FOR IMMEDIATE RELEASE:
July 15, 2020
In solidarity with students across the country fighting for anti-racist curricula in their schools, the Education Justice Collective’s Move School Forward team, which includes Student Voice, hosted a Town Hall on Decolonizing K-12 Curriculum featuring history experts and student organizers from across the country. History experts explained the necessity of accessible, accurate history and civics education to democratic society and students told the stories about their experiences in school related to anti-racism, decolonizing curriculum and civic action.
The conversation was moderated by Avery Smedley, a student organizer with the Youth Activism Project and Montgomery County Students toward Equitable Public Schools and a senior at Albert Einstein High School in Kensington, Maryland. Smedley said, “this is the beginning, but we all have to move forward and follow up with action”, calling on students to use the Move School Forward action guide to write letters to their schools and districts calling for anti-racist curricula.
On how her experiences have influenced her advocacy for anti-racist curricula, Alexis Campbell, the Youth Engagement Coordinator at Student Voice, a youth-led national nonprofit advancing educational equity, and a rising first-year at Spelman College in Atlanta, Georgia said, “In the 9th grade, when my fellow students and I learned about genocide in history, there was a lack of empathy and caring that the teachers had towards what we were learning. They were talking as if these people throughout history weren’t human, which made me realize that there is a disconnect between how we’re viewing race in class and history. We are just taught to accept injustices from an early age, rather than being taught how to critically think about where we are in history.”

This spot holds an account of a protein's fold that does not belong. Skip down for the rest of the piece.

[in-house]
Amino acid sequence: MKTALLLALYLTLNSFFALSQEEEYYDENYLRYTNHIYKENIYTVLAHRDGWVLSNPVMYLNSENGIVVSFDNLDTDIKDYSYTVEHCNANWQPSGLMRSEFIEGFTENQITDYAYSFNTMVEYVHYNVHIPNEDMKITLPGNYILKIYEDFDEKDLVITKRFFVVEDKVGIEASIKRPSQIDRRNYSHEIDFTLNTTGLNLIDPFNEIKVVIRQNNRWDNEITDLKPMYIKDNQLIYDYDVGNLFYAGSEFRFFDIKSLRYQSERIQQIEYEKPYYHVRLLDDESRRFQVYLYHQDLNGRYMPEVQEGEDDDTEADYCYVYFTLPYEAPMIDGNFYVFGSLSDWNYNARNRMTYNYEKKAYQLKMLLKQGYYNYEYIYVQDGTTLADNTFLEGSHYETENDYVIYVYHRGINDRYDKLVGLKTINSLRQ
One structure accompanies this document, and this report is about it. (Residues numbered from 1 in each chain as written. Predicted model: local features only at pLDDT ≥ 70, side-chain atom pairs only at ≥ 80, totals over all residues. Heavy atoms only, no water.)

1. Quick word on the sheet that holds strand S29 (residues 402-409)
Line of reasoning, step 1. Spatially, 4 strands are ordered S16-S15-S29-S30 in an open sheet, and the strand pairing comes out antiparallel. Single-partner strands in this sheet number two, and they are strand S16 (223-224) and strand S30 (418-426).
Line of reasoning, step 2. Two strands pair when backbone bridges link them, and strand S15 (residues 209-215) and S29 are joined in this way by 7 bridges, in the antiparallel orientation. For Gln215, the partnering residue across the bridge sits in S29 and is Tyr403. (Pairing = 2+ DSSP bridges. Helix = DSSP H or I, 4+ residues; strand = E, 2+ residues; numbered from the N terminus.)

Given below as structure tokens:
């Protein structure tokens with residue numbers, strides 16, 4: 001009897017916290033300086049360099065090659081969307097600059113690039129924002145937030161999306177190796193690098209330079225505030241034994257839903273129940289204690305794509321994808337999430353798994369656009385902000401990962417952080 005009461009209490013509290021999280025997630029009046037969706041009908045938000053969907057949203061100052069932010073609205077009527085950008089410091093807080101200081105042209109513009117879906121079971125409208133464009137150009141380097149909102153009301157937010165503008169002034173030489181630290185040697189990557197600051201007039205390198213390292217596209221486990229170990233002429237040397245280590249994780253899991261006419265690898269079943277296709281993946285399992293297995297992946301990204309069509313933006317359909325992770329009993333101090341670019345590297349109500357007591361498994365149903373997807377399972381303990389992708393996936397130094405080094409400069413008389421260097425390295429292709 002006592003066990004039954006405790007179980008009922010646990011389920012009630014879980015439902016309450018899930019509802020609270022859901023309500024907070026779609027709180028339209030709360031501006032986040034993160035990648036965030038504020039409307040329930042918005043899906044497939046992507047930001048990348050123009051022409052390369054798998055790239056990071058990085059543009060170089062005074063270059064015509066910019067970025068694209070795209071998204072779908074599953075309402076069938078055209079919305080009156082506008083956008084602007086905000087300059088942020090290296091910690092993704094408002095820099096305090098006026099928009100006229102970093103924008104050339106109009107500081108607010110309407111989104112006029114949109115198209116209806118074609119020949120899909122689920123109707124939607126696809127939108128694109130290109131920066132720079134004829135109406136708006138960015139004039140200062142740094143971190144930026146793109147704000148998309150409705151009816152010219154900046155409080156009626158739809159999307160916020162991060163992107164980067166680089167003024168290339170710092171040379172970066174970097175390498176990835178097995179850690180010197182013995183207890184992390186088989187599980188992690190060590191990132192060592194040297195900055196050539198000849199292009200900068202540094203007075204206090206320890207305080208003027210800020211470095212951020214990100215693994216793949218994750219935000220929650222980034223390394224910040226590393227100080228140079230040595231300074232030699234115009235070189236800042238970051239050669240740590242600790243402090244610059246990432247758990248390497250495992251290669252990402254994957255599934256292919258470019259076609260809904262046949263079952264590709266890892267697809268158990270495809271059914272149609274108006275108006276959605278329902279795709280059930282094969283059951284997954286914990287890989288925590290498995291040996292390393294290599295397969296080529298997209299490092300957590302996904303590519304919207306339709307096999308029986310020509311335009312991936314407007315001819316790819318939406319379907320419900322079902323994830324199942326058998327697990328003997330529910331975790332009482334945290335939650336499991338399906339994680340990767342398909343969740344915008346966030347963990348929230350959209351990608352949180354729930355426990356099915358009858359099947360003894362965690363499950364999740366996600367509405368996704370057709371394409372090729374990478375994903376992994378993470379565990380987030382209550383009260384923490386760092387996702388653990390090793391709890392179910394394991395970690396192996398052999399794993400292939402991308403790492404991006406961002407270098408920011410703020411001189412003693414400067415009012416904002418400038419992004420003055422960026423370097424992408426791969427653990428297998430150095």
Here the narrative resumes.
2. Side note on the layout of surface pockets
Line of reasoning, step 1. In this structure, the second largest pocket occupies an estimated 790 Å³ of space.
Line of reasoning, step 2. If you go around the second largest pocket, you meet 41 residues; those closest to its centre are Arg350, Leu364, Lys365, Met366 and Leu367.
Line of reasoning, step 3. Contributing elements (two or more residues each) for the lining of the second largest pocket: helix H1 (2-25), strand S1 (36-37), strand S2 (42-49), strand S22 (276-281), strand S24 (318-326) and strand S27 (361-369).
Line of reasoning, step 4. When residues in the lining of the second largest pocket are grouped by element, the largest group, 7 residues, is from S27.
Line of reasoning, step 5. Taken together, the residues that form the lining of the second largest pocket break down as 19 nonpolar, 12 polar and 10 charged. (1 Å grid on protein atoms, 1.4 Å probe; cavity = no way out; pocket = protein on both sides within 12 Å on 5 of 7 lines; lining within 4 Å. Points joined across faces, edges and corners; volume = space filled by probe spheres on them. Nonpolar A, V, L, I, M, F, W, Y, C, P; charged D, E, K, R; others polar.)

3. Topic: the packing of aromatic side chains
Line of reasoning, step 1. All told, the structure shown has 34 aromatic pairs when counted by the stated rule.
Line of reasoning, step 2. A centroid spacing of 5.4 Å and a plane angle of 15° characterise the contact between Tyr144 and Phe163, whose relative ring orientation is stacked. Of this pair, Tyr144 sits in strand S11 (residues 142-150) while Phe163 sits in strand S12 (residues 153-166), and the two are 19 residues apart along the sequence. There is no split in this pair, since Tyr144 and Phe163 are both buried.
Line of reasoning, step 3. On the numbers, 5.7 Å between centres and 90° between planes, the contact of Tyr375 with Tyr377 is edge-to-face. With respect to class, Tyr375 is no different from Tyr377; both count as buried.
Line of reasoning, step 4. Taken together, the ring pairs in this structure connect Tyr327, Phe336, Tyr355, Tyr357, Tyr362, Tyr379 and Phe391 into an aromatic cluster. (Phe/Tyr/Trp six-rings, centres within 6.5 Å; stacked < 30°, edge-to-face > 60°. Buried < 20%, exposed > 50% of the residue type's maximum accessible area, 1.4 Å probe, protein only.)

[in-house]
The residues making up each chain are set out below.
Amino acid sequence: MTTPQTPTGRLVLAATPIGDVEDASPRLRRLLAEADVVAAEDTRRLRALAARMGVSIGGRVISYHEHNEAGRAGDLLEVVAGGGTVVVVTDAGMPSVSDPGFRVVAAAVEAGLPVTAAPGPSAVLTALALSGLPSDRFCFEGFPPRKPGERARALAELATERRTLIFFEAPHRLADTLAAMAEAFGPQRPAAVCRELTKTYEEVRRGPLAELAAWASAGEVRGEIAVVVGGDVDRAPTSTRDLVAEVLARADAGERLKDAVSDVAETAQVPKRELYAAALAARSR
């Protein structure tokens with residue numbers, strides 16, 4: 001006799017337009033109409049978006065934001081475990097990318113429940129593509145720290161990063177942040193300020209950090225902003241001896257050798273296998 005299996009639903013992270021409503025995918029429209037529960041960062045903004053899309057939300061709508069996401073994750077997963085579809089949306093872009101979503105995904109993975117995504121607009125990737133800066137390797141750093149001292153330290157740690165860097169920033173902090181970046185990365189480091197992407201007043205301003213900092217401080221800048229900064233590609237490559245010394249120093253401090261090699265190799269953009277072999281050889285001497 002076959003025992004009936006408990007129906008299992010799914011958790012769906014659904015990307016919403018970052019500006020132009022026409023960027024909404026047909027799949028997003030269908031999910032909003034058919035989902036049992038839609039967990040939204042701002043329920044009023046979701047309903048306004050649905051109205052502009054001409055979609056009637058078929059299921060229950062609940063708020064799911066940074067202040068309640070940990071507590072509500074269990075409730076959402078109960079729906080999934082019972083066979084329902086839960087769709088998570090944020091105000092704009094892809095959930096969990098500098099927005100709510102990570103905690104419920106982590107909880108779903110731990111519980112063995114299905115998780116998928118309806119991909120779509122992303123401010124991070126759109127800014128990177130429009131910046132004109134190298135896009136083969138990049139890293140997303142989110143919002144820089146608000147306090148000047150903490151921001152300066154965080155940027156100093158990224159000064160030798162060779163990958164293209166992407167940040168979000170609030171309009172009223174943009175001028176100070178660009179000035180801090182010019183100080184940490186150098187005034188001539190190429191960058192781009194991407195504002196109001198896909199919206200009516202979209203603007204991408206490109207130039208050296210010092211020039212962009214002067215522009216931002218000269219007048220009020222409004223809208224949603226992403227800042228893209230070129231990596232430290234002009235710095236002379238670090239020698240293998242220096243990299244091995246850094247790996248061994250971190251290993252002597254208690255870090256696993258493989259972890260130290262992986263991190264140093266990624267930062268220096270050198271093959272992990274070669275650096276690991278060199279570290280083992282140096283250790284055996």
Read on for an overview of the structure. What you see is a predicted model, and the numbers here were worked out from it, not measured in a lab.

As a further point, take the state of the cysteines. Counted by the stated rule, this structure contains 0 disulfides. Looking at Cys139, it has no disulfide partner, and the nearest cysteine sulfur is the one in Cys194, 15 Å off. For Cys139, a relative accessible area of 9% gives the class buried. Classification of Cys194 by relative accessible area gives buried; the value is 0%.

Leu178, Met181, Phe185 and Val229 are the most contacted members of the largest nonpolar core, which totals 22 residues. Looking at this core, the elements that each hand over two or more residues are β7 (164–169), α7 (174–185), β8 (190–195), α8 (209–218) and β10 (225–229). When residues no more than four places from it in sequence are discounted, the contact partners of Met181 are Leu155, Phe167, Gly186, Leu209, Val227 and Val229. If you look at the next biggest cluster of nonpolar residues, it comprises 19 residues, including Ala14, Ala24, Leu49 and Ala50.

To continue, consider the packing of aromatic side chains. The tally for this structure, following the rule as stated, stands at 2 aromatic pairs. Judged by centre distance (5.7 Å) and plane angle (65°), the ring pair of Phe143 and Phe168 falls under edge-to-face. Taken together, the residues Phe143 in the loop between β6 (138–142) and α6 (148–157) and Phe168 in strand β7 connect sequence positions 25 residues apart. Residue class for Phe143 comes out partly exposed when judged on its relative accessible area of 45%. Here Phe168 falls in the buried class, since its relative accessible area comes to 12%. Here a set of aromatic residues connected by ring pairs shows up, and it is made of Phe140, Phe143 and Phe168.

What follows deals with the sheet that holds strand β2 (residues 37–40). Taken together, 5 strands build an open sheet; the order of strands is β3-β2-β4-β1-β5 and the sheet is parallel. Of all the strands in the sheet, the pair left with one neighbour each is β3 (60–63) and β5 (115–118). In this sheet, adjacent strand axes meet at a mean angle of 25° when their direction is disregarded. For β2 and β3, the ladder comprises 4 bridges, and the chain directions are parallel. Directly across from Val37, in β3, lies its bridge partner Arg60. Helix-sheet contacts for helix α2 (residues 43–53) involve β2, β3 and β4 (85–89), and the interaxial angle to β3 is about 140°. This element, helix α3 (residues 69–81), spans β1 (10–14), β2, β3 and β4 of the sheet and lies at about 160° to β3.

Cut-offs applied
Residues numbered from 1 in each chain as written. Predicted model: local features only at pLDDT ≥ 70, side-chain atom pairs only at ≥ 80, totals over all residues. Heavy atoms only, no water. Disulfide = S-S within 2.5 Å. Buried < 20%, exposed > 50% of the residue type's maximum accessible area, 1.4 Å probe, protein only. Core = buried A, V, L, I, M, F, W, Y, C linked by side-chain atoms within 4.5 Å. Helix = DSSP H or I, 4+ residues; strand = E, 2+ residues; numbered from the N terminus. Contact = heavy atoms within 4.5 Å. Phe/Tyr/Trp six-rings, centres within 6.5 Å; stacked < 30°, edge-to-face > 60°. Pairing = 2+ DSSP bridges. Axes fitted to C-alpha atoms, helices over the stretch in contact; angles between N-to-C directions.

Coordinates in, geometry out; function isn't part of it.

“I wish [the representativeness of history curriculums] would have gotten better since I was in school. I think a lot of it is that we didn’t see ourselves reflected in the history books, in the educational films, in the media. If you just saw what was presented in school, you’d think that all of the United States was white.” said Dr. Karen L. Ishizuka, the Chief Curator of the Japanese American National Museum, regarding her experiences with inaccurate history curricula. “With the incarceration of Japanese-Americans during World War II, when many of my friends said their parents went to a camp, their teachers just basically said that’s a lie. That sets up so much you’re called a liar by your teacher, the authority figure. You think, well am I? Are my parents? It snowballs and lasts for a while with yourself. It really proves the need for decolonization [of history curricula].”
On why anti-racist education is necessary for all students, Harmony Esqueda, a student organizer with Our Turn Los Angeles and a first-gen college student and senior at the University of Southern California said, "Learning about different histories isn't supposed to just be for people of color. It is for everybody to learn and understand so that we can have empathy for each other, so that we can learn how to best support one another. If I know your struggles and your history, I can show up and be there for you that much more. That goes for everybody, especially white people."